According to an analysis released last week by the Department of Energy (DOE), opening the Arctic National Wildlife Refuge (ANWR) to oil development would only slightly reduce America"s dependence on imports and would lower oil prices by less than 50 cents a barrel.
The report, issued by DOE’s Energy Information Administration, said that if Congress gave the go-ahead to pump oil from Alaska’s Arctic National Wildlife Refuge, the crude could begin flowing by 2013 and reach a peak of 876,000 barrels a day by 2025.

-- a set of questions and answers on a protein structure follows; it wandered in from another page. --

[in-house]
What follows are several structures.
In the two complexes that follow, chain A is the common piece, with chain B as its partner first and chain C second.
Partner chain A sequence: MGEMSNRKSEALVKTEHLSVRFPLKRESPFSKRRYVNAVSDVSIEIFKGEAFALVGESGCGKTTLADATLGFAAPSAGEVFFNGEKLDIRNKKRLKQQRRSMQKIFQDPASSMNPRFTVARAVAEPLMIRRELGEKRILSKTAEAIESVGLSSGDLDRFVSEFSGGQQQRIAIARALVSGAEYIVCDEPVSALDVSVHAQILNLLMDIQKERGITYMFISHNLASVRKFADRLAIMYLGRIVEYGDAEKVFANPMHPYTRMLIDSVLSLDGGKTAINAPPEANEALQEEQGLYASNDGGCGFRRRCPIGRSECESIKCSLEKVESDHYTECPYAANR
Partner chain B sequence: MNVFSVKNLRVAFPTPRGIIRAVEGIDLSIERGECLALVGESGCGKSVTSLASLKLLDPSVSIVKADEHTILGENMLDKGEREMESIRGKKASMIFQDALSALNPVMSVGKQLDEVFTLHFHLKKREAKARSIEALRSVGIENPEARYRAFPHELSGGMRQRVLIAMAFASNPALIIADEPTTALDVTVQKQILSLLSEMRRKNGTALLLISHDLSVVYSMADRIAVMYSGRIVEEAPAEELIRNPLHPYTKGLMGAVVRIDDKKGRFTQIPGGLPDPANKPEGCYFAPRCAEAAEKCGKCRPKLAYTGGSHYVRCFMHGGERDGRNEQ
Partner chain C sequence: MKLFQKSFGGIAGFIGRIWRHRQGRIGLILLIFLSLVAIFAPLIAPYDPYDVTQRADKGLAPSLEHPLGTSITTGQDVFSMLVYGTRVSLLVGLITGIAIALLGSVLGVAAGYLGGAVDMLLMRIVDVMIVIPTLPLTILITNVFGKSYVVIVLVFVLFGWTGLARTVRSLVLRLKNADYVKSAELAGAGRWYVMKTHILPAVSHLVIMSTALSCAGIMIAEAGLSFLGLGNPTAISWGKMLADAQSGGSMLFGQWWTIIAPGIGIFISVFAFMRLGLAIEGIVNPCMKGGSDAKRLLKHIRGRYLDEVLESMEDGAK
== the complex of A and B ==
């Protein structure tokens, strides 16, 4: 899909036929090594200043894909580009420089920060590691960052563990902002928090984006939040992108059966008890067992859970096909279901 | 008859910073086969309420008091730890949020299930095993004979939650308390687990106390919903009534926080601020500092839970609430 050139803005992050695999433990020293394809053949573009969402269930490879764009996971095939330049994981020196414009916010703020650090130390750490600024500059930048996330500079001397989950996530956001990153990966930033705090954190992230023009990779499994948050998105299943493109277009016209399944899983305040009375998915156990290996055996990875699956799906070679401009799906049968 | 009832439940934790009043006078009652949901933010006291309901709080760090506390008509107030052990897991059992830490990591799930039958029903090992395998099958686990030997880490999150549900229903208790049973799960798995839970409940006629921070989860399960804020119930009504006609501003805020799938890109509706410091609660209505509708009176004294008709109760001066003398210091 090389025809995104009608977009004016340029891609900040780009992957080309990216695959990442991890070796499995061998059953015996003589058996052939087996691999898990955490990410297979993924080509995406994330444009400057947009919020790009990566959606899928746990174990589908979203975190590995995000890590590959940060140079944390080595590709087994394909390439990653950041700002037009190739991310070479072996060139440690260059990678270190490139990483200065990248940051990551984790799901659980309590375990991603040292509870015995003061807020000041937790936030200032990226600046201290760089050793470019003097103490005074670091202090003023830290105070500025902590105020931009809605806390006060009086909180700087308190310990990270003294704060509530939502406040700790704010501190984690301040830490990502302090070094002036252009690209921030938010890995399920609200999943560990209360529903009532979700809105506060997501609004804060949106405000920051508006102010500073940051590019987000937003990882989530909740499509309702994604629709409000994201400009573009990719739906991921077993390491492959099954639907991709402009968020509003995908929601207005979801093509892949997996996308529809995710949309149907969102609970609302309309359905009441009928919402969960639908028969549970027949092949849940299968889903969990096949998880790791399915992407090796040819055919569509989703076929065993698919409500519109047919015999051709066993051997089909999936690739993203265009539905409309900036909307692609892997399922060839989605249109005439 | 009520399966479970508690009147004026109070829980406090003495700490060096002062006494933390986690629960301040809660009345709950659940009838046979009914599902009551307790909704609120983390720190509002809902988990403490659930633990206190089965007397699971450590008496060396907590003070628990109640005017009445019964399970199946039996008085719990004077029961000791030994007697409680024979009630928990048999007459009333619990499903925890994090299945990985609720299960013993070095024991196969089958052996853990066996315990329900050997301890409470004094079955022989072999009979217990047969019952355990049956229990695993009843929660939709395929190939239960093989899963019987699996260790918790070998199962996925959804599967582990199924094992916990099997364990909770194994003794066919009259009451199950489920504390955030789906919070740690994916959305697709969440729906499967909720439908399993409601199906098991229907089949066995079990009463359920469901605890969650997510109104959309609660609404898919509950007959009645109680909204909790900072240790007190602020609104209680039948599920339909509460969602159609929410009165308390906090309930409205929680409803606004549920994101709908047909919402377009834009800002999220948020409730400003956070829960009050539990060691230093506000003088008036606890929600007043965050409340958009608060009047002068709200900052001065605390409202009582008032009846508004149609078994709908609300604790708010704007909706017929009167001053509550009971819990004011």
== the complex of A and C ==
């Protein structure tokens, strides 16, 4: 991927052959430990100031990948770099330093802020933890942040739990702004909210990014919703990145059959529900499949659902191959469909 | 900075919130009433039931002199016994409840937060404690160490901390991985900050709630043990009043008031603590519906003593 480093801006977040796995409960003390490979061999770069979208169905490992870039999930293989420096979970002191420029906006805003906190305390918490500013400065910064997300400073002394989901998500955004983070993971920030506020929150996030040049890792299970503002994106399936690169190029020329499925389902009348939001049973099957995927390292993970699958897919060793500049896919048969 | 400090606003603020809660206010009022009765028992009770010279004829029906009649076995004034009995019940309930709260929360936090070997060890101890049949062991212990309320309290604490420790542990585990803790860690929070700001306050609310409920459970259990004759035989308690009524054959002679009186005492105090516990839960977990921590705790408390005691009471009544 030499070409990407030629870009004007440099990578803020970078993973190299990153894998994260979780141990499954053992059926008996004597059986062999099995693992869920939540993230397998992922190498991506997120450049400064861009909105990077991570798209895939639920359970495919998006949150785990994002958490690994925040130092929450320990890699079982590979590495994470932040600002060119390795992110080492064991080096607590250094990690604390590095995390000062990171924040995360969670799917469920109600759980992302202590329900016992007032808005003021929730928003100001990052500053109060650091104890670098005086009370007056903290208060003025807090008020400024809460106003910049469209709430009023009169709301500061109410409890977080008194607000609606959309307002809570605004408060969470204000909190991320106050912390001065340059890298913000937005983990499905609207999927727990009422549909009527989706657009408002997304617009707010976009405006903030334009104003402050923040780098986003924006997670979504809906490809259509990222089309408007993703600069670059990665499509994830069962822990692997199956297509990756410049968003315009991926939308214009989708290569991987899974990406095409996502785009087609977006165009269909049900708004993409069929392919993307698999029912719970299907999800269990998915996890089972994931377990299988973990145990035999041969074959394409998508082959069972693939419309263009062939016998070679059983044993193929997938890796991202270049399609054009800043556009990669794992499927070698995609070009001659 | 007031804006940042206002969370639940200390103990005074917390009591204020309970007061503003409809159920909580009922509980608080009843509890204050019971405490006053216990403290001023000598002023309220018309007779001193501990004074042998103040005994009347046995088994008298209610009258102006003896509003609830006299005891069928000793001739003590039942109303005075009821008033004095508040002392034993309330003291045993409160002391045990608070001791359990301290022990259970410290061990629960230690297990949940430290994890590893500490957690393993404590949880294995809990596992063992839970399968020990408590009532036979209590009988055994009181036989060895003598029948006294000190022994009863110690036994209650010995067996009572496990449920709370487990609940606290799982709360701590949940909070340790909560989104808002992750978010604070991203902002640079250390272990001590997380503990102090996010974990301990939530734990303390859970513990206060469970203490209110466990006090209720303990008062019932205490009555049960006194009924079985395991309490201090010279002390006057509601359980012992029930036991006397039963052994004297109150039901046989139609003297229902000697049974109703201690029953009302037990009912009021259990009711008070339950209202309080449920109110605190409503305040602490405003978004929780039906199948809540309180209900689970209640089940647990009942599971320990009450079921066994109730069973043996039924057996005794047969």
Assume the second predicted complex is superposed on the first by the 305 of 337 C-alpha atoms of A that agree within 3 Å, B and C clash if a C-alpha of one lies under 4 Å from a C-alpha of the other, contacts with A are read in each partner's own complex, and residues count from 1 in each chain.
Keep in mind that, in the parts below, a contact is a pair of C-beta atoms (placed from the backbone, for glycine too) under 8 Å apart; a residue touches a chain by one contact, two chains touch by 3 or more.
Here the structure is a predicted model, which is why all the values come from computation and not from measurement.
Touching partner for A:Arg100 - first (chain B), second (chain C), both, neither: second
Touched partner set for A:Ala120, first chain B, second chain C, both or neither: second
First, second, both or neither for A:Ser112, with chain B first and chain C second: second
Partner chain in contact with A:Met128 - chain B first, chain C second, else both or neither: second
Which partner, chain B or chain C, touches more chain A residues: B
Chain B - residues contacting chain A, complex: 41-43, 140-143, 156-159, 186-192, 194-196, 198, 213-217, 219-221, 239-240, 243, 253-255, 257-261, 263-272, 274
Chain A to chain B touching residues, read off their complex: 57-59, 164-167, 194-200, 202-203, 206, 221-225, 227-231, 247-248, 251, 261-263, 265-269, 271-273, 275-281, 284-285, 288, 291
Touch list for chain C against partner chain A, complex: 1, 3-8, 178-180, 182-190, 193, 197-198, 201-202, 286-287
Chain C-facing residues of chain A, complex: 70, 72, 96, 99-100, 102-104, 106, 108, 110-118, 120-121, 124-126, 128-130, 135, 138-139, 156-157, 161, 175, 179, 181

But even at peak production, according to the EIA analysis, the United States would still need to import 66 percent of its oil, as opposed to an expected 70 percent if the refuge’s oil remained off the market.
At the same time, the report says new Alaska production would stem the expected dramatic decline in domestic production and extend the economic life of the Alaska oil pipeline as production from other North Slope areas declines significantly.
But even the additional domestic production would not be enough to overcome increased demand, meaning continued heavy reliance on imports, the EIA says. Currently, the United States imports about 56 percent of the oil it consumes.